This simple condition keeps a lot of people off the road. The state is aware that studies consistently validate the fact that less than 10% of all alcoholics ever get and stay sober. This is precisely why the relevant provision of rules governing license appeals contains what is essentially a negative mandate. It provides that, “the hearing officer shall not order that a license be issued to the petitioner unless the petitioner, by clear and convincing evidence, proves all of the following…” (emphasis added). Put another way, the hearing officer is instructed to “not” grant a license unless the person appealing proves “all of the following,” and does so by what is defined as “clear and convincing evidence.” There is enough depth to those terms in the rule that I have examined each, multiple times, in some of my various license restoration articles and in the driver’s license restoration section of my website. The takeaway here is that the DAAD is poised to deny every license appeal that comes its way unless the person proves, by “clear and convincing evidence,” that he or she has made a permanent break with alcohol.
If you’re reading this for yourself and you are really sober, then you fundamentally understand the profound life changes involved in going from a drinker to dedicated a non-drinker. More often than not, the road to sobriety is littered with countless broken promises (to one’s self and/or others) and failed attempts to control or moderate your drinking. You finally quit when you’d had enough. You realized it had not been fun for a long time, and that there was simply no way to effective and consistently control your drinking. Quitting is the easy part; staying “quit” takes work, and typically involves about a 180-degree life change.
If you are researching for someone else, you are likely familiar with the sweeping changes a person has made to get sober. Getting sober means adopting a sober lifestyle. It means things like living in a home that is alcohol-free, and not hanging around people who drink. It means ditching the drinking friends and is almost always followed by a person raising the trajectory of his or her life. People who have left a degree unfinished go back and finish it. Education, employment and personal goals are set, and then pursued. People sometimes start to exercise or just otherwise do a complete about-face in their lives. All this stands in stark contrast to the problems of drinking and all the failed attempts to control it. Gone is language like “I’m trying,” and in its place people are clear that they have quit drinking, and that alcohol cannot play any part in their lives. For all that I could say about it, if someone you know has gone through this, there will be no doubt about it.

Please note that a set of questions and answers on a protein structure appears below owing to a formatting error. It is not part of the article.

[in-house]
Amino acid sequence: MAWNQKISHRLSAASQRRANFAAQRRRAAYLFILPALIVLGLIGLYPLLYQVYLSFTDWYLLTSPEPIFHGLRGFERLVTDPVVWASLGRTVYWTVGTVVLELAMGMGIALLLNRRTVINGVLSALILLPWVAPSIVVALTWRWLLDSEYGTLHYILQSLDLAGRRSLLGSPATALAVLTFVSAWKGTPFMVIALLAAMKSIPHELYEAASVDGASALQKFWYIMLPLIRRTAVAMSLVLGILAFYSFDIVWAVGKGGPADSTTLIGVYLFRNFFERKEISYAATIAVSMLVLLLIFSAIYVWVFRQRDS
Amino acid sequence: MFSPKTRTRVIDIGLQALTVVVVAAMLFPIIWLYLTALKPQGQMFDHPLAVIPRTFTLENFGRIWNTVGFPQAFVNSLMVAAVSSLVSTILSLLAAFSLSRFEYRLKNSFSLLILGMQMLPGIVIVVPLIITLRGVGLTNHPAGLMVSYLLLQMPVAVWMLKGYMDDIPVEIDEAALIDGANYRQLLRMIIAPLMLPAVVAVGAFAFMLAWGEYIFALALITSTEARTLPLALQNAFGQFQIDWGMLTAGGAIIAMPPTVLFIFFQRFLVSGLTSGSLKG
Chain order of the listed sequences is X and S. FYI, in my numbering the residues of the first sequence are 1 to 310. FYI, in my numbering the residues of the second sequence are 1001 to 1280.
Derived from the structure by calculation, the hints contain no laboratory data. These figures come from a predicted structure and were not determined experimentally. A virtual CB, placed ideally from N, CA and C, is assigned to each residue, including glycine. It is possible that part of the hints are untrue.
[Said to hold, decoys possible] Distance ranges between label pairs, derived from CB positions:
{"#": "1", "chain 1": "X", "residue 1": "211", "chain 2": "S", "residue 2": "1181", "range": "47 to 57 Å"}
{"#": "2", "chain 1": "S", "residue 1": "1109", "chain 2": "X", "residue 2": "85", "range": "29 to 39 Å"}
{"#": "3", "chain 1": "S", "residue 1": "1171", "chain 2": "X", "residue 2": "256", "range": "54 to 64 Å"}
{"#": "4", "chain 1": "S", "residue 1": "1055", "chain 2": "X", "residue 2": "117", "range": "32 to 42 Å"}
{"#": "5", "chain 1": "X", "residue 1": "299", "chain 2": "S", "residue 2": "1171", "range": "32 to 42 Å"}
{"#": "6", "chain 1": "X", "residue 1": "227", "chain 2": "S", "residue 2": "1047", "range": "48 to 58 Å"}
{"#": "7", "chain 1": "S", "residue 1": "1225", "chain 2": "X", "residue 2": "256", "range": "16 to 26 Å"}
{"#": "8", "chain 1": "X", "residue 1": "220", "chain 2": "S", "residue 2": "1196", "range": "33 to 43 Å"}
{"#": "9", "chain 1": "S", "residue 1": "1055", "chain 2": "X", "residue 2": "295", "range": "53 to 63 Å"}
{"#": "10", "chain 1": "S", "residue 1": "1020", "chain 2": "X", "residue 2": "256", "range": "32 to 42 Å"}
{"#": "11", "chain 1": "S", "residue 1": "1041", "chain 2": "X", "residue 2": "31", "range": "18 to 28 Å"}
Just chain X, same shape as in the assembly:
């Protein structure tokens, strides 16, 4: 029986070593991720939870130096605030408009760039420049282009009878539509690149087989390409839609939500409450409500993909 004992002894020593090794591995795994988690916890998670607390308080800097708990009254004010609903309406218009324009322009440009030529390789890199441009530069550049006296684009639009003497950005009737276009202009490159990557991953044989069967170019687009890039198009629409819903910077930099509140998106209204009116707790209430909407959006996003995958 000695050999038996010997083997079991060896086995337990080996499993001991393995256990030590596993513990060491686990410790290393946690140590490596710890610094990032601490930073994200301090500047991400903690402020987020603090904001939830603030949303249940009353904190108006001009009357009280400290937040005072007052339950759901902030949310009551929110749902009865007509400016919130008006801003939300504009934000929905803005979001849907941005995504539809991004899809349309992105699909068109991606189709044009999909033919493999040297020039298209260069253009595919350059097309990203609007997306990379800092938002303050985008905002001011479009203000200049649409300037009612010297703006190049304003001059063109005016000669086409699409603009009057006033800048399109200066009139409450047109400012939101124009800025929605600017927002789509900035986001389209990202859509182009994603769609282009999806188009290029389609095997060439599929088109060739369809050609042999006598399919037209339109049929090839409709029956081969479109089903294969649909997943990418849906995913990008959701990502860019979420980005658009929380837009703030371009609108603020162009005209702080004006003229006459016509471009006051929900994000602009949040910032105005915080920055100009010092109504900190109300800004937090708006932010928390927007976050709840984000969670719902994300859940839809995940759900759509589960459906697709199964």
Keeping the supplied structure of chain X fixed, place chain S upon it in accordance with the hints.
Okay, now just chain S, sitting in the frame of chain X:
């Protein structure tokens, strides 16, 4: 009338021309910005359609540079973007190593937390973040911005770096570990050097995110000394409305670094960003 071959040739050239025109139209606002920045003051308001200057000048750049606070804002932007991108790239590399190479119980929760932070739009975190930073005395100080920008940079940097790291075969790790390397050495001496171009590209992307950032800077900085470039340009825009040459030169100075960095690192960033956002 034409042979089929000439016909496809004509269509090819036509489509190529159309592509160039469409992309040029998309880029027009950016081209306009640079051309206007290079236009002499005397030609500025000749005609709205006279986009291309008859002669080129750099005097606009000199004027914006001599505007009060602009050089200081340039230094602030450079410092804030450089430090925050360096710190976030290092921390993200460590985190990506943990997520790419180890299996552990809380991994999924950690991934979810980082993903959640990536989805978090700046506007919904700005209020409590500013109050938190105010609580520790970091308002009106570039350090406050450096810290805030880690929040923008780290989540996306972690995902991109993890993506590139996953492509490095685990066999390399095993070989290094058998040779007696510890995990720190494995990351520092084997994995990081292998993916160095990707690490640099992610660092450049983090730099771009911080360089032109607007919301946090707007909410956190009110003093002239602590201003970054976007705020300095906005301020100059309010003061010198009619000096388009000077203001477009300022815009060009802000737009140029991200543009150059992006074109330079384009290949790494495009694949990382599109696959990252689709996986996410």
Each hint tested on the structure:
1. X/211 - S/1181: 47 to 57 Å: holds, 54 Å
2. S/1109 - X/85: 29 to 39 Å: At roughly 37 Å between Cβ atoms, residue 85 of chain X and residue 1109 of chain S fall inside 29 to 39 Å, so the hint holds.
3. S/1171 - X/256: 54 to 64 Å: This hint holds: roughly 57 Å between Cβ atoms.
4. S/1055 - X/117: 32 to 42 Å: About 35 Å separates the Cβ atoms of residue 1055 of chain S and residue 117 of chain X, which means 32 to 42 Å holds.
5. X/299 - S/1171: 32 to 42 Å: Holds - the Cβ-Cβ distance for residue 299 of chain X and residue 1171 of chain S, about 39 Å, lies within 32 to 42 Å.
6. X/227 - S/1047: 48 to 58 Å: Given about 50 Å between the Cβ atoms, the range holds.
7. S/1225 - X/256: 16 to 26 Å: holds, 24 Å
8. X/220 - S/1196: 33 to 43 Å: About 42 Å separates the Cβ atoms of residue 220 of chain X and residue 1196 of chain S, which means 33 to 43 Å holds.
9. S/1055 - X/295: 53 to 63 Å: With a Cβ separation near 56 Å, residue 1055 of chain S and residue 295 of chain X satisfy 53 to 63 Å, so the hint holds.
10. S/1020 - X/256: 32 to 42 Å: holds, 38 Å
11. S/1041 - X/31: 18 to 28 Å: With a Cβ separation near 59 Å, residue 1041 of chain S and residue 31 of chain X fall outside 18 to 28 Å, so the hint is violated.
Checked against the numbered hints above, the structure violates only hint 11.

And if there is any doubt about it, the person will not win a license appeal. Lots of people “quit” drinking for a period of time, even up to several years. The state is concerned here with the long run. The DAAD sets out to make sure that person will never drink again. Remember, it has already been concluded that a person whose license has been revoked for multiple DUI’s has a drinking problem. As a result, only someone who steps up and can credibly say “never again” to drinking has any chance to get his or her license back. The risk that a person with multiple DUI’s will ever drink again is considered unacceptable, and it is seen as a huge risk if alcohol has a place – anywhere – in his or her life.
As I noted before, there is no “going to court” to try and get a license. Lots of people contact my office with compelling stories of how difficult it is for them without the ability to drive. They describe golden opportunities just out of reach because they have to depend on others to get around. It’s almost as if they implore me to take a shot at going to court, because they believe that their situation is so positive it would seem to merit special consideration. The fact is, however, that there is no mechanism for that, and, as I noted, the law specifically prohibits such action. If there was a way around that, believe me, I’d be rich.
Before diving into a license appeal, these two preliminary conditions must be met. As we have seen, a person must first be legally eligible to file the appeal, and second, he or she must genuinely be sober. The first condition is really a matter of doing the math; the second requires an honest inquiry. In my practice, if a person is legally eligible and truly has quit drinking, I guarantee that I will win his or her case. By contrast, if a person is not quite eligible, or not really alcohol-free, I won’t touch the case for any amount of money. If you or someone for whom you are inquiring is legally eligible and has truly quit drinking, give my office a call, and we can talk about getting you back on the road.